It’s a phrase that’s been uttered by politicians and medical experts repeatedly over the last nine weeks in relation to community behaviour and our response to COVID-19.

“Use common sense”, they tell us.

“It’s basic common sense”, they say.

Every time I hear it, I cringe.

Why?

Because common sense is not common.

What’s common sense to you may not be common sense to me.

No one thinks exactly like you. No one.

Different people have different backgrounds, life experiences, truths and beliefs that have shaped who they are today.

Even people you’ve known for years – close friends, family or colleagues you’re aligned with and get along well with – don’t have the exact same thought process as you.

That’s why it’s so important to spell out what we mean when we communicate. We need to be clear, simple and direct.

We should never assume people will understand our vague explanations or generic statements.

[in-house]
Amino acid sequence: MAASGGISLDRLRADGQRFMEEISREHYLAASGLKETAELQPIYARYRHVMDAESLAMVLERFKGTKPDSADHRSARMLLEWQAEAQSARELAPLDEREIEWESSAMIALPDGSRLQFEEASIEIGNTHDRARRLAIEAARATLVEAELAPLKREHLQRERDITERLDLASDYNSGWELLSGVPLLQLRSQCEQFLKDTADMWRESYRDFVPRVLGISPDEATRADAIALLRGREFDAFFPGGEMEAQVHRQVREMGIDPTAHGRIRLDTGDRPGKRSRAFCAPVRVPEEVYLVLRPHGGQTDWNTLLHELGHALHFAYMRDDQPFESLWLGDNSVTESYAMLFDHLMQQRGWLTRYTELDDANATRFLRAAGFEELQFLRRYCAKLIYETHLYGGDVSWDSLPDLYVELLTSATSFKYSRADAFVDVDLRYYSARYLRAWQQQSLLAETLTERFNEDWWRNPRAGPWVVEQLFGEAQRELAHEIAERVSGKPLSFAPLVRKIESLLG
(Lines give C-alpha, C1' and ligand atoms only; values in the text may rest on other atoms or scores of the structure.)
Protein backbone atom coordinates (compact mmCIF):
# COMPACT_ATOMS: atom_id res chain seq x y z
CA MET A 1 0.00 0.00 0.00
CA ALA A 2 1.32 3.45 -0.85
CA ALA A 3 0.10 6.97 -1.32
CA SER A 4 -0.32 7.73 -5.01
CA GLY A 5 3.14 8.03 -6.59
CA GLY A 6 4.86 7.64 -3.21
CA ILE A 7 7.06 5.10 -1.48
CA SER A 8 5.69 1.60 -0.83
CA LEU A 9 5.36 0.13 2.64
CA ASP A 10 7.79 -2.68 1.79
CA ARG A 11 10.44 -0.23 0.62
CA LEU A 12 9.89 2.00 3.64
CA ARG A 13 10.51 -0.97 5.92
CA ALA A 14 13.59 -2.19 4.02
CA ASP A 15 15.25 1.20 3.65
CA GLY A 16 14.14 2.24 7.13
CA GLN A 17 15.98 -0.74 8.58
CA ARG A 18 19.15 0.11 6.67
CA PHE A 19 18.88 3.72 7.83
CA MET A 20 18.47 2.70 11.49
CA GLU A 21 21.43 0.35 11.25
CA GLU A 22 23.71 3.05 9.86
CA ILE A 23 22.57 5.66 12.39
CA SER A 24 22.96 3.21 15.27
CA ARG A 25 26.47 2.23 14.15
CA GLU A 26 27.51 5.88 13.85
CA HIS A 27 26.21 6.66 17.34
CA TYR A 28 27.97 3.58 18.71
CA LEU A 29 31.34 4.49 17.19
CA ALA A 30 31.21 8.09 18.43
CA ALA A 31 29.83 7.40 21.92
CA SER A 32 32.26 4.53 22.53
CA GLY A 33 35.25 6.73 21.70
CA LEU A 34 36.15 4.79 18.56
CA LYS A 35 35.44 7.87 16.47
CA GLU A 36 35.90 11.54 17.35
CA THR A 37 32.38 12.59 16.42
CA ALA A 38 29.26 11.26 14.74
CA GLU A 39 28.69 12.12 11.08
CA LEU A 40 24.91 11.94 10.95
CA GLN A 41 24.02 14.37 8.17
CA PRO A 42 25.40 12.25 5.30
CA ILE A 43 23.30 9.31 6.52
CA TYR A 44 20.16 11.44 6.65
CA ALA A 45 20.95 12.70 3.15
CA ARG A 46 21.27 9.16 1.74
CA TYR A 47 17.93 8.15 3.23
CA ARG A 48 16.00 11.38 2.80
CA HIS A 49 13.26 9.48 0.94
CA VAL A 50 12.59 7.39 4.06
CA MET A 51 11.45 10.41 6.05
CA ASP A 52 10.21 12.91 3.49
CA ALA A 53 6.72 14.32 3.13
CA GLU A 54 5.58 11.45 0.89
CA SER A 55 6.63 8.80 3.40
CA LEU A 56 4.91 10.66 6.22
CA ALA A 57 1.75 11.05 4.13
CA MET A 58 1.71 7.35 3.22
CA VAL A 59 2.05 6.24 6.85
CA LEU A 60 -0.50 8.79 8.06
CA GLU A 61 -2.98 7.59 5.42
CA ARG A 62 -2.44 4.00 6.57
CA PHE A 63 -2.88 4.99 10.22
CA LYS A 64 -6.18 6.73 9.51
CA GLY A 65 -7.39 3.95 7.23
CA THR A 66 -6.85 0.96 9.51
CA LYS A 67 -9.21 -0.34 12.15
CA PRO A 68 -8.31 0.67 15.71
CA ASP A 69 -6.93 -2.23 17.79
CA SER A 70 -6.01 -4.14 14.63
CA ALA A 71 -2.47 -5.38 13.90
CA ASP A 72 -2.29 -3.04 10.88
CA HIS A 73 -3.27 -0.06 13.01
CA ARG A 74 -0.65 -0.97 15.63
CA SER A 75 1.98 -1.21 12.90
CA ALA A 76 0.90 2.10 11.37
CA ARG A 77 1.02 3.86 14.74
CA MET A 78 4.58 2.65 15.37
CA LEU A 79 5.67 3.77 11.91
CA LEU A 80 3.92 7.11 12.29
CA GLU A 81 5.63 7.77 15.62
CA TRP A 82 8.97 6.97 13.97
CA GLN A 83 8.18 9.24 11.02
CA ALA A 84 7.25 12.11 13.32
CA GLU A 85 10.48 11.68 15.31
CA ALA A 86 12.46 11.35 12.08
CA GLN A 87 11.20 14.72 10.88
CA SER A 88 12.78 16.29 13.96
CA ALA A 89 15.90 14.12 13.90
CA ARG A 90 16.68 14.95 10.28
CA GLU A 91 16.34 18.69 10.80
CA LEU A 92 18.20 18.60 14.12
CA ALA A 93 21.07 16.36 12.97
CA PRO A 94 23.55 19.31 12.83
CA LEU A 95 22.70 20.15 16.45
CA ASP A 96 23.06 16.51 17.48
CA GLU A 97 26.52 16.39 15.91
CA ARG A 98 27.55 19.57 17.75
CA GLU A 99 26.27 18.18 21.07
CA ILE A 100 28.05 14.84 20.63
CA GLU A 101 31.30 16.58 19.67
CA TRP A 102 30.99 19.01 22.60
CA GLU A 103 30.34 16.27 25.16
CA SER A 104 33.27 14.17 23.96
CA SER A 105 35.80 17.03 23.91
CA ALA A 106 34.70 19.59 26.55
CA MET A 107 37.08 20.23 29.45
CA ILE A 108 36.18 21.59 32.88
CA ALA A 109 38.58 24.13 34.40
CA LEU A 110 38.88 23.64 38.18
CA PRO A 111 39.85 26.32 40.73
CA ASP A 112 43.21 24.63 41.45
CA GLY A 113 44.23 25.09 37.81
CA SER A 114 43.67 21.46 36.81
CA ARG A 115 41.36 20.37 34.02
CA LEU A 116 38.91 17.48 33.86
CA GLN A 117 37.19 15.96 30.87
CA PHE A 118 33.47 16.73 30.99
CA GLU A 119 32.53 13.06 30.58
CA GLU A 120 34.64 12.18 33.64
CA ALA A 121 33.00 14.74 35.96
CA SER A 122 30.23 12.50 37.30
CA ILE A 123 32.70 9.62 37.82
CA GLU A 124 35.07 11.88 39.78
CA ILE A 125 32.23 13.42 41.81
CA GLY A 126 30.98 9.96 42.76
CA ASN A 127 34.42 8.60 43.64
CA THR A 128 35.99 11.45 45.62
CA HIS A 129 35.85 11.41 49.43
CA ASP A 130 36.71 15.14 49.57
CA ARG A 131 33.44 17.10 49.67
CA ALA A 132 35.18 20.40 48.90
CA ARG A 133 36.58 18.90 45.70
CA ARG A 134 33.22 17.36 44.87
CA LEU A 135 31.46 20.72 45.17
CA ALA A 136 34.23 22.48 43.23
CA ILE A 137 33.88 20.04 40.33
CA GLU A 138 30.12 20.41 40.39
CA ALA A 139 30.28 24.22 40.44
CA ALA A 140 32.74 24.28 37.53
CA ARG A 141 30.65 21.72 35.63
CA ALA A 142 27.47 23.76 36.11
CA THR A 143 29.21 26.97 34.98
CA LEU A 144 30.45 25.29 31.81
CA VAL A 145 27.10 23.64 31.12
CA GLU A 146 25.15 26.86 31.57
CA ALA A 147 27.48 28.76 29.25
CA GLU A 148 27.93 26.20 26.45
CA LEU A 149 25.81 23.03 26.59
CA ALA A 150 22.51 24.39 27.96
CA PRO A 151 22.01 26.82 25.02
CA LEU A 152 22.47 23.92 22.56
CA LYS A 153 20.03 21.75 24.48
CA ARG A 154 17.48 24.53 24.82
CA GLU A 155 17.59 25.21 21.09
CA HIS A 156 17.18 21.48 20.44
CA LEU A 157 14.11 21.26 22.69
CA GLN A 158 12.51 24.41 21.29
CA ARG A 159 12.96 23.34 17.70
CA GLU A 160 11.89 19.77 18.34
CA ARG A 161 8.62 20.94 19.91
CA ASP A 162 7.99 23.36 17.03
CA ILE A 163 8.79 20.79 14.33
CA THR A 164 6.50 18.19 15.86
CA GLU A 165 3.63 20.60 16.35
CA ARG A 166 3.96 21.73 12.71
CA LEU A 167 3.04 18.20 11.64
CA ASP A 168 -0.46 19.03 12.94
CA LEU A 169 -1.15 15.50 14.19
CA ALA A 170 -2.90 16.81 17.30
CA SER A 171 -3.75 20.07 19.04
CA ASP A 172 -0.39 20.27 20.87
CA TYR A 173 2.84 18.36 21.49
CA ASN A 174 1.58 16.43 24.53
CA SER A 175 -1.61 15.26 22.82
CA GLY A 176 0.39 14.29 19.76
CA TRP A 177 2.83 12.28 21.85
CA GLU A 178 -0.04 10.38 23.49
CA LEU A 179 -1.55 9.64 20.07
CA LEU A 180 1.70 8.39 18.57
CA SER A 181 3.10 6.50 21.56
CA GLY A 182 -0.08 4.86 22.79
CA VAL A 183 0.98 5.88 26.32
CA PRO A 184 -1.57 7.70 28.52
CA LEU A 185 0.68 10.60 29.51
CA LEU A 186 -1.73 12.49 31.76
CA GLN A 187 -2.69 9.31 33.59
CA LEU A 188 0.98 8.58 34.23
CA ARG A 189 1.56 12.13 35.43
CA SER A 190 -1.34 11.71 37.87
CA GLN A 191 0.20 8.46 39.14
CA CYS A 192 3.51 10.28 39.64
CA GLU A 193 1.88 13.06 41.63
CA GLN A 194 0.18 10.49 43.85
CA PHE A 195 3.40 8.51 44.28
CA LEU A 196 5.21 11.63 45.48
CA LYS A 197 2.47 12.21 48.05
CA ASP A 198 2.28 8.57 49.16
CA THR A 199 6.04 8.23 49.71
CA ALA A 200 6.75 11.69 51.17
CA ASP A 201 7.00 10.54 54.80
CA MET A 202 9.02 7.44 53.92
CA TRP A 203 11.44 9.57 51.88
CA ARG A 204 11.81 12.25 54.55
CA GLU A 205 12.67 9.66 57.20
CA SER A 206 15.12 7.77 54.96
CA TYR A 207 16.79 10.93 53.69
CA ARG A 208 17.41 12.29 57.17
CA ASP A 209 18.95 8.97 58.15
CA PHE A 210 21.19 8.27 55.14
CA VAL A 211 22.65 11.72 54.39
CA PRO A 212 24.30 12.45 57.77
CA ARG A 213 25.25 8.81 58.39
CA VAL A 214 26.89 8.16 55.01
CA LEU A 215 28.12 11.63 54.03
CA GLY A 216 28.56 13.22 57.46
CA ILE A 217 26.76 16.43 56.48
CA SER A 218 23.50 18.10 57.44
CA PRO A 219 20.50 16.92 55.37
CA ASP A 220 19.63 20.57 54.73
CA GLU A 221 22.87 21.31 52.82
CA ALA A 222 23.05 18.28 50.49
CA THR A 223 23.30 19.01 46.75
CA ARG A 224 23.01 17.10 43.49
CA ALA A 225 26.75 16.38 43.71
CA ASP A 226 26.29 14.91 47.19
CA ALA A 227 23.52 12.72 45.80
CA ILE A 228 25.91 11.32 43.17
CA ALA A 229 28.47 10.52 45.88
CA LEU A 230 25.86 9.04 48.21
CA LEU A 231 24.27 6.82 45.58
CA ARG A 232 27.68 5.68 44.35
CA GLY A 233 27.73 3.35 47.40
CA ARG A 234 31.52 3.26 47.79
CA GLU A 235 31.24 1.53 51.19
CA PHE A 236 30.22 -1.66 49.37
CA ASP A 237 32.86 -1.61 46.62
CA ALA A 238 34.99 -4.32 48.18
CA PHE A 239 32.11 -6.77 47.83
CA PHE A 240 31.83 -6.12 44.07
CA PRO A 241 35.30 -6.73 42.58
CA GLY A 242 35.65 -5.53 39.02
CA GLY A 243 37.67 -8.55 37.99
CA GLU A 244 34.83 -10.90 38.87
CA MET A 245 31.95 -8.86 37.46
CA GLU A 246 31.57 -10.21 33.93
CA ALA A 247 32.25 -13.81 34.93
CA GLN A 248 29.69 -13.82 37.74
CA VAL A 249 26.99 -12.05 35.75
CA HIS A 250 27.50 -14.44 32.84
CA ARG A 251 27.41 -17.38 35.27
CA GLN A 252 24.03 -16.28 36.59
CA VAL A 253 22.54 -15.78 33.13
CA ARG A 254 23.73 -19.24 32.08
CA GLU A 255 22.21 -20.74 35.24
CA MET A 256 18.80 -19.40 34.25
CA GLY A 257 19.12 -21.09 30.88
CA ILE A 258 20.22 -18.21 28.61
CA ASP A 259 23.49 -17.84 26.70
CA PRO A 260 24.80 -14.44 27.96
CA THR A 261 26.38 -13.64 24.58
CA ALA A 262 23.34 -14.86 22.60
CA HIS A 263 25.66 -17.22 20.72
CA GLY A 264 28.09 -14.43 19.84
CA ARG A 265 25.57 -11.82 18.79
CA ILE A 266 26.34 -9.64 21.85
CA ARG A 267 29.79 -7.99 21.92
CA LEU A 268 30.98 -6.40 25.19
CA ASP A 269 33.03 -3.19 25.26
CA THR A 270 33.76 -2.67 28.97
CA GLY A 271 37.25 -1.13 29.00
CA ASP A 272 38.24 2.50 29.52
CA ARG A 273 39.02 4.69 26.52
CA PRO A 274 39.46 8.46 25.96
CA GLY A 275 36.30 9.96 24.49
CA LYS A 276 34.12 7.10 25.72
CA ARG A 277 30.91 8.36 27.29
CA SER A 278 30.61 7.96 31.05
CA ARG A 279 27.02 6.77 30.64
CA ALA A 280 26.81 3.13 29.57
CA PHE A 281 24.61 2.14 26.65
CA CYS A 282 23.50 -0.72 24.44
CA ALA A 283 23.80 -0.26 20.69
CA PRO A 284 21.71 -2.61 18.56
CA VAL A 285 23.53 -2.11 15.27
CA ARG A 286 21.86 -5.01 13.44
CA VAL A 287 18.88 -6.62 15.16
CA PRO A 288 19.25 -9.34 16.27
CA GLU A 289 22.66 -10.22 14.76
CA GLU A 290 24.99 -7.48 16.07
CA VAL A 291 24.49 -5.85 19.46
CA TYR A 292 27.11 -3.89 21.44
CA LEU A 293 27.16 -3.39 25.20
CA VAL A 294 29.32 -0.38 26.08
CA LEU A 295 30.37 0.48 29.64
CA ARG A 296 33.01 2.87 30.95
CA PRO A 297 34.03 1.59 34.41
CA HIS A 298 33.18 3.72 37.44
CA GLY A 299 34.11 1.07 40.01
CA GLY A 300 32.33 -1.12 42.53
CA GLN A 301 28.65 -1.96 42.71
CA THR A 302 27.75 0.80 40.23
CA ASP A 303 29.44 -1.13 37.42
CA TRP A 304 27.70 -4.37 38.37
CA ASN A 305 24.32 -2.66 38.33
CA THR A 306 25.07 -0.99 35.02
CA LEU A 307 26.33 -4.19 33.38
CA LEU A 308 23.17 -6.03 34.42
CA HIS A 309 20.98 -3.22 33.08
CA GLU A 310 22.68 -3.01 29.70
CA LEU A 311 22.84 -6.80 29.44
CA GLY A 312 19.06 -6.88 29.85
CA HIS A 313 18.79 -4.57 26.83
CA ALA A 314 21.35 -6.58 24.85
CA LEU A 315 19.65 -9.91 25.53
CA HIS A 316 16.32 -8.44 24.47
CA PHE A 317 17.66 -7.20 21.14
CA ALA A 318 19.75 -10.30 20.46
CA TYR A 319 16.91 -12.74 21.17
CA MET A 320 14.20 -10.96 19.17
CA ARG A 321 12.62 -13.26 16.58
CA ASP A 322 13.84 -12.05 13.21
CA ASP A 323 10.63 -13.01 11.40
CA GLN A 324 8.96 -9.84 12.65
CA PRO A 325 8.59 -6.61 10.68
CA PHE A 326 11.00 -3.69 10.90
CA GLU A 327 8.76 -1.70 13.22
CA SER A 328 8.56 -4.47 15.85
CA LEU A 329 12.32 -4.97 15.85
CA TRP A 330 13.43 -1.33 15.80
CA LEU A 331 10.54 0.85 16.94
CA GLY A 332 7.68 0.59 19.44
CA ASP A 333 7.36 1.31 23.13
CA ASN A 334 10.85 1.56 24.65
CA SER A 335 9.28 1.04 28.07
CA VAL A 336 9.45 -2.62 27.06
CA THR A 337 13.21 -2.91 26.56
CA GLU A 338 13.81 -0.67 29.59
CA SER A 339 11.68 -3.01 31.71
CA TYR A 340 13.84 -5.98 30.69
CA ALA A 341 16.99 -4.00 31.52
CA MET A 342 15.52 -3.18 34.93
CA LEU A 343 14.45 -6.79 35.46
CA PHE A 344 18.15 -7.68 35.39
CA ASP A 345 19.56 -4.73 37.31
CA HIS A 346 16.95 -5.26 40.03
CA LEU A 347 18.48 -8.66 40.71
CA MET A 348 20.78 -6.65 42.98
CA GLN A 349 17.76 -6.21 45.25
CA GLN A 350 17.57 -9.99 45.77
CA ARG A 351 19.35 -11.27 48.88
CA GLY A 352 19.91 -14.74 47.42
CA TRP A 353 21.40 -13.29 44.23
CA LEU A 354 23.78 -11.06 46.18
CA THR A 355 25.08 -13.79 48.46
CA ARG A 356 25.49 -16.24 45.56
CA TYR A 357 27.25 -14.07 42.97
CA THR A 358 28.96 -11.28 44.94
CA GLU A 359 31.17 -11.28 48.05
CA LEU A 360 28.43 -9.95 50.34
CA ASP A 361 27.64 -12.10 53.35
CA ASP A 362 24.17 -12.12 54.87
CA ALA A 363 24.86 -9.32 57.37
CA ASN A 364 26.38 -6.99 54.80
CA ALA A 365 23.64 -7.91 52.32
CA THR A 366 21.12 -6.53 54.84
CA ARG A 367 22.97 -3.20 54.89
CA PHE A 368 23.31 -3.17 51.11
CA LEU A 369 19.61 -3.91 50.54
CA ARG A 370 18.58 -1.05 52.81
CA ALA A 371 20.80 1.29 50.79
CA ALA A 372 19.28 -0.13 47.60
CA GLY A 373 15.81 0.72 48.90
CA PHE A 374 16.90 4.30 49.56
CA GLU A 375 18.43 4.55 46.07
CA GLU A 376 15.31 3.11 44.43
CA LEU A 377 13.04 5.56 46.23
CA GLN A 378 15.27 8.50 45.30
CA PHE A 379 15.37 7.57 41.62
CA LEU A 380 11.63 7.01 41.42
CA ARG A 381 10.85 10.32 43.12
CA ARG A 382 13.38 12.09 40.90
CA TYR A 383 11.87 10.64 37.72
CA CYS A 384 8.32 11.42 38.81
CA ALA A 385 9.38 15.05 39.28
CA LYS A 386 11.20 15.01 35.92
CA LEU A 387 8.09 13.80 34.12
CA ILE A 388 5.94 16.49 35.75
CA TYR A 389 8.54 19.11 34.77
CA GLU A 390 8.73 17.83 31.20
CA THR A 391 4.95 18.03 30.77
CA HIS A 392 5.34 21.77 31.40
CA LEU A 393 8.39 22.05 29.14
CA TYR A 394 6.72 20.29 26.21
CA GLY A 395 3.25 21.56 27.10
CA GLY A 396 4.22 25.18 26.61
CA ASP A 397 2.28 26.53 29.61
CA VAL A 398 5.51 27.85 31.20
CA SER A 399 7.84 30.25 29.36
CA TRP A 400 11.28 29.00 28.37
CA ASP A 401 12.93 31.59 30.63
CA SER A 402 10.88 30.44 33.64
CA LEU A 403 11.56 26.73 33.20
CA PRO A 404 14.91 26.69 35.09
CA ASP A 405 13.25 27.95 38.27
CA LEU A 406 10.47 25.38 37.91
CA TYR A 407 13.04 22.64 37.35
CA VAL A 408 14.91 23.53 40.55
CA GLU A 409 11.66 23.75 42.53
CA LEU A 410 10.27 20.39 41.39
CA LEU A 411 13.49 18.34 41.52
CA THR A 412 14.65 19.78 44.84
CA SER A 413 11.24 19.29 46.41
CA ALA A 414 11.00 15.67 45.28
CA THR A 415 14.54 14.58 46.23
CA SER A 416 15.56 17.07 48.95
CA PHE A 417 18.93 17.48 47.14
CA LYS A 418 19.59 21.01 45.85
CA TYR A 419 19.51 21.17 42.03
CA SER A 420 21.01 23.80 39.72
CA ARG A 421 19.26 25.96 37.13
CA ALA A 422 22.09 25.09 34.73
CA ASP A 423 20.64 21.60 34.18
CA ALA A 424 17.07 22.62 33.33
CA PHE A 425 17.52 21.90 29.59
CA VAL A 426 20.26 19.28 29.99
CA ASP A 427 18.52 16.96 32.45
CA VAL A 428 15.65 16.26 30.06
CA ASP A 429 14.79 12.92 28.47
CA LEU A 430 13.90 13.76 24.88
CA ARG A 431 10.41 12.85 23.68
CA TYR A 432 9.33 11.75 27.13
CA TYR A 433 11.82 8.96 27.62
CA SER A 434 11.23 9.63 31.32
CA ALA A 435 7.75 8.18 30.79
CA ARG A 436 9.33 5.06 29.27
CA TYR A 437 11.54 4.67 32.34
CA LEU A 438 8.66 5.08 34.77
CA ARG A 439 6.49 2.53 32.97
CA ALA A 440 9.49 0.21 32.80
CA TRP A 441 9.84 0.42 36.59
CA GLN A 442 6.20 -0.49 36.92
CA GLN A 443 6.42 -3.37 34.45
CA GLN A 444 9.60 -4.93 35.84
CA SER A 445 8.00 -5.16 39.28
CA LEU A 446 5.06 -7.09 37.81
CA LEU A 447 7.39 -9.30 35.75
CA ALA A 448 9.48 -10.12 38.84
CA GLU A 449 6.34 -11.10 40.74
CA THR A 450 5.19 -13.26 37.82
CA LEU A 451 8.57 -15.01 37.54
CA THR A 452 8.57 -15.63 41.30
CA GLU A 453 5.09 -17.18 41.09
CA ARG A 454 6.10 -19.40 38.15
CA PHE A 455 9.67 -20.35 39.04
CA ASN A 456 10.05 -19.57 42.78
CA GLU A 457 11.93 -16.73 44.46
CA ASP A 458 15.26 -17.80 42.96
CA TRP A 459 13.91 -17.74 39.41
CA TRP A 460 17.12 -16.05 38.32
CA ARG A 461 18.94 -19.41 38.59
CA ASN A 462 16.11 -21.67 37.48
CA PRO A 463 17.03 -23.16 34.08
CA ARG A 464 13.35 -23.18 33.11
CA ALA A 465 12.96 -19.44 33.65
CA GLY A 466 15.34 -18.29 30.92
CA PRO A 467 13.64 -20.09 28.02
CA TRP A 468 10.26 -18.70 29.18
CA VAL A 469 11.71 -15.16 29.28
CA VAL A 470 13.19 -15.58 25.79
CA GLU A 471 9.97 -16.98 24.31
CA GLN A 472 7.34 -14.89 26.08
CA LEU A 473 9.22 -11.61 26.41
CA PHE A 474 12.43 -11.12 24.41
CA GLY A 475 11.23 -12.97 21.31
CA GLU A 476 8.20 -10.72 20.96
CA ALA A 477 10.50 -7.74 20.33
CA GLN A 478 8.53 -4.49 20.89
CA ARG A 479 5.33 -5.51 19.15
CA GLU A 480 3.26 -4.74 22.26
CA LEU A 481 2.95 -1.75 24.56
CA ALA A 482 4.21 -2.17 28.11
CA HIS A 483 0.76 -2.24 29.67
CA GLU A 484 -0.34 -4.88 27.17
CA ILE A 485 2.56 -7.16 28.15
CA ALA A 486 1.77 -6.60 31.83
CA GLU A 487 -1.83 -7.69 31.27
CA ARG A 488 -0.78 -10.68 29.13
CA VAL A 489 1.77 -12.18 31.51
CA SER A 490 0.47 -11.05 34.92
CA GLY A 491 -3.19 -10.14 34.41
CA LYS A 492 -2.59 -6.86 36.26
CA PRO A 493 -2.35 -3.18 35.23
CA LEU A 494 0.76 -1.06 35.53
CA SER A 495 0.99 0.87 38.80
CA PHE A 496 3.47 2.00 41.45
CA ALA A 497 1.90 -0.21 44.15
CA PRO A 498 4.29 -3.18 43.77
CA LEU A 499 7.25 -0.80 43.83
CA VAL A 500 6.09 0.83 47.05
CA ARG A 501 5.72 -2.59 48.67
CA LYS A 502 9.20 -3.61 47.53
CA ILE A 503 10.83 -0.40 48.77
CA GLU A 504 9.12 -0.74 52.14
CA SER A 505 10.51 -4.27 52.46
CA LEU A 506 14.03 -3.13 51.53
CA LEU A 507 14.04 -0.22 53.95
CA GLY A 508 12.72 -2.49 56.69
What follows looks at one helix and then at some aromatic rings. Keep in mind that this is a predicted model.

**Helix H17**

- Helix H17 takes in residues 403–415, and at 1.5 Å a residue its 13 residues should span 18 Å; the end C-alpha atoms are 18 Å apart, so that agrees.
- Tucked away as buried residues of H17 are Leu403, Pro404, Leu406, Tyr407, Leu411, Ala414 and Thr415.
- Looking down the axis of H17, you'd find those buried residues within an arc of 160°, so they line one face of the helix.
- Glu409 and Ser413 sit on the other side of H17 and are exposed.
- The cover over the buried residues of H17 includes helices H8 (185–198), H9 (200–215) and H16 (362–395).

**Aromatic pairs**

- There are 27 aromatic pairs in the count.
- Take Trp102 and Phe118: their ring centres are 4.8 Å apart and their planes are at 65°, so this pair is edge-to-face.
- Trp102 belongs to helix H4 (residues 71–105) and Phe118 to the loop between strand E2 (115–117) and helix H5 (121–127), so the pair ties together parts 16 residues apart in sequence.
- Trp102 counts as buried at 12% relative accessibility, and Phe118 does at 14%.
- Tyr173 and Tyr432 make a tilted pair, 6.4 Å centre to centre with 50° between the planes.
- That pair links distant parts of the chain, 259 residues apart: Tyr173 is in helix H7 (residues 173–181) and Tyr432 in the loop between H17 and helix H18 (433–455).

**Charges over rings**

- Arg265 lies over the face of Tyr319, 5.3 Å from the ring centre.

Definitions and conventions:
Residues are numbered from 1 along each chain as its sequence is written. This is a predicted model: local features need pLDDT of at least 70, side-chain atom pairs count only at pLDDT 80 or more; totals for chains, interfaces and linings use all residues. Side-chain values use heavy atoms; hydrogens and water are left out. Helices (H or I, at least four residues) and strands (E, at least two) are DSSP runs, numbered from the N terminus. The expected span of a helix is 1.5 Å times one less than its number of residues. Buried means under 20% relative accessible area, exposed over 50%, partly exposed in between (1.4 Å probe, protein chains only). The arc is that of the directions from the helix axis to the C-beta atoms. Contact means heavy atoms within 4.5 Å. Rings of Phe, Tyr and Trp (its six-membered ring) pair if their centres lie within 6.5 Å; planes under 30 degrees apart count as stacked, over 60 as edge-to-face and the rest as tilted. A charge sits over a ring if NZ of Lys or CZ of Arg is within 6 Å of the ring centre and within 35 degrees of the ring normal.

There’s no such thing as common sense – it’s not common to anyone but you.

❓ When have you assumed something was ‘common sense’ only to realise you needed to spell your instructions out?

#communication #leadership #softskills #softisthenewhard

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Leah Mether helps people get out of their own way with the development of soft skills (which are really hard). She is a speaker, trainer, facilitator and mentor.